wherein said generation means form said first beam, that generates said first scanning line, with a first prefixed number of scans per unit of time (v.sub.α) and said second beam, that generates said second scanning line, with a second prefixed number of scans per unit of time (v.sub.β), the sum of said first and second number of scans per unit of time (v.sub.α, v.sub.β) being equal to the total value of scans per unit of time emitted by said generation means,
wherein the ratio between the number of scans per unit of time of each light beam (v.sub.α, v.sub.β) is inversely proportional to the tangent of the angle of the same beam (tgα, tgβ) with respect to the front wall.
27. A scanning reader of an optical code placed on a front wall of an article in movement toward said reader and having a random position on said front wall, said reader comprising:
generation means capable of forming at least one light beam lying on a plane inclined by a prefixed angle (φ) with respect to said front wall and capable of reading said optical code within a prefixed distance range along the direction of forward movement of said article,
wherein said generation means form at least one first and one second light beam lying in planes inclined by a first and by a second prefixed angle (α, β) with respect to said front wall, said first light beam exploring a first area of said front wall by means of at least one first scanning line and said second light beam exploring a second area of said front wall by means of at least one second scanning line so that said first light beam is capable of reading said optical code within a first prefixed distance range along the direction of forward movement of said article and said second light beam is capable of reading said optical code within a second prefixed distance range along the direction of forward movement of said article, the overall distance range within which said first and second light beams are capable of reading said optical code being greater than the useful distance range that can be reached by one light beam only,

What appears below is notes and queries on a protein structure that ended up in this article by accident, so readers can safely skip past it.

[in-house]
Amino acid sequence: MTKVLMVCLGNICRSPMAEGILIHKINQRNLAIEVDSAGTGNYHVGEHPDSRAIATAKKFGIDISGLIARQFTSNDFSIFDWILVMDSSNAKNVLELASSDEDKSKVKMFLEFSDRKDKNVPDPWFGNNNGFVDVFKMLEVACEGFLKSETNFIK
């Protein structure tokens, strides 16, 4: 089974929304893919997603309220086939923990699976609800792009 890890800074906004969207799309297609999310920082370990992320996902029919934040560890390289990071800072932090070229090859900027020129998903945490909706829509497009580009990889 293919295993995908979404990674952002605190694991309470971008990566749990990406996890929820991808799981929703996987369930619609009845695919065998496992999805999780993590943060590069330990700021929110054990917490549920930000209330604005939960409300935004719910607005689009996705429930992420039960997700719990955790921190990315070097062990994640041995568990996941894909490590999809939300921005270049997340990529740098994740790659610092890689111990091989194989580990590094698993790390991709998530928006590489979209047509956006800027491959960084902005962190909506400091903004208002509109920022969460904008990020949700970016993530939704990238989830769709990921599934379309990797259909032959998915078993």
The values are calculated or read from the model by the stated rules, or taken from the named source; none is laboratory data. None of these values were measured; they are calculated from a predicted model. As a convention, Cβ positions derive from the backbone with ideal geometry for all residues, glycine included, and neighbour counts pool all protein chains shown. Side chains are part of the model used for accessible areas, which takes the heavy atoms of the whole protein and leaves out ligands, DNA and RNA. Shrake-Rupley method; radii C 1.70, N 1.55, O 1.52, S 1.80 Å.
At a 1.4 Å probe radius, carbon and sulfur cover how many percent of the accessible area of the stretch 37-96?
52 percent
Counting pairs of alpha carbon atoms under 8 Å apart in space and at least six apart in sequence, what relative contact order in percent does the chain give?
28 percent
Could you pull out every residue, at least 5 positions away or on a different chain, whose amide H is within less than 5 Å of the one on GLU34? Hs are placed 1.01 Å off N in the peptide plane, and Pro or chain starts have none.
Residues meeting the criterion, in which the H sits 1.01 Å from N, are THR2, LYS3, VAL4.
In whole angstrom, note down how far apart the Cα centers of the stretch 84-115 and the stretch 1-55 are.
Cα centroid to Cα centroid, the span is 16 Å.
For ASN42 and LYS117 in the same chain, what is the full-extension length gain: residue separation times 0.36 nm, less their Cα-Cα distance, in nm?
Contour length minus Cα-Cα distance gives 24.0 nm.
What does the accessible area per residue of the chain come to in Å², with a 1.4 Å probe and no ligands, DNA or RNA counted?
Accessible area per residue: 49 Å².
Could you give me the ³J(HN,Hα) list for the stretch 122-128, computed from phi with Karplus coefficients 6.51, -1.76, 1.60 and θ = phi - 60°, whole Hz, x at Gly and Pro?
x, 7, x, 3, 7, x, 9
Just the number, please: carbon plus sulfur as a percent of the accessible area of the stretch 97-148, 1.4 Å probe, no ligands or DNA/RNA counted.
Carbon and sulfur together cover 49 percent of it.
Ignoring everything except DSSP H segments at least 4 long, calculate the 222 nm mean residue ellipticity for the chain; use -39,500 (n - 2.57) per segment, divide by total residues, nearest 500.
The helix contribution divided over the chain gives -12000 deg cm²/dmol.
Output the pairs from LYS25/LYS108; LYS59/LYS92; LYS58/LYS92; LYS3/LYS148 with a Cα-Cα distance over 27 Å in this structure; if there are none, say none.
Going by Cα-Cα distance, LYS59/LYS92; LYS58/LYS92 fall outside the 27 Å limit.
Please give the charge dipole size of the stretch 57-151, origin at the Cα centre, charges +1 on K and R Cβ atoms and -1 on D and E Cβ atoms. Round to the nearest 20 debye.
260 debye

wherein said generation means form said first beam, that generates said first scanning line, with a first prefixed number of scans per unit of time (v.sub.α) and said second beam, that generates said second scanning line, with a second prefixed number of scans per unit of time (v.sub.β) the sum of said first and second number of scans per unit of time (v.sub.α, v.sub.β) being equal to the total value of scans per unit of time emitted by said generation means,
wherein said first and second number of scans per unit of time (v.sub.α, v.sub.β) are selected so that the number of useful scans (n.sub.α, n.sub.β) on said optical code for each of said scanning lines is substantially constant,
wherein the ratio between the first and the second number of scans per unit of time (v.sub.α, v.sub.β) is equal to 7/3.
28. A method of scanning an optical code placed on a front wall of an article in movement toward a scanning reader and said optical code having a random position on said front wall, comprising the steps of: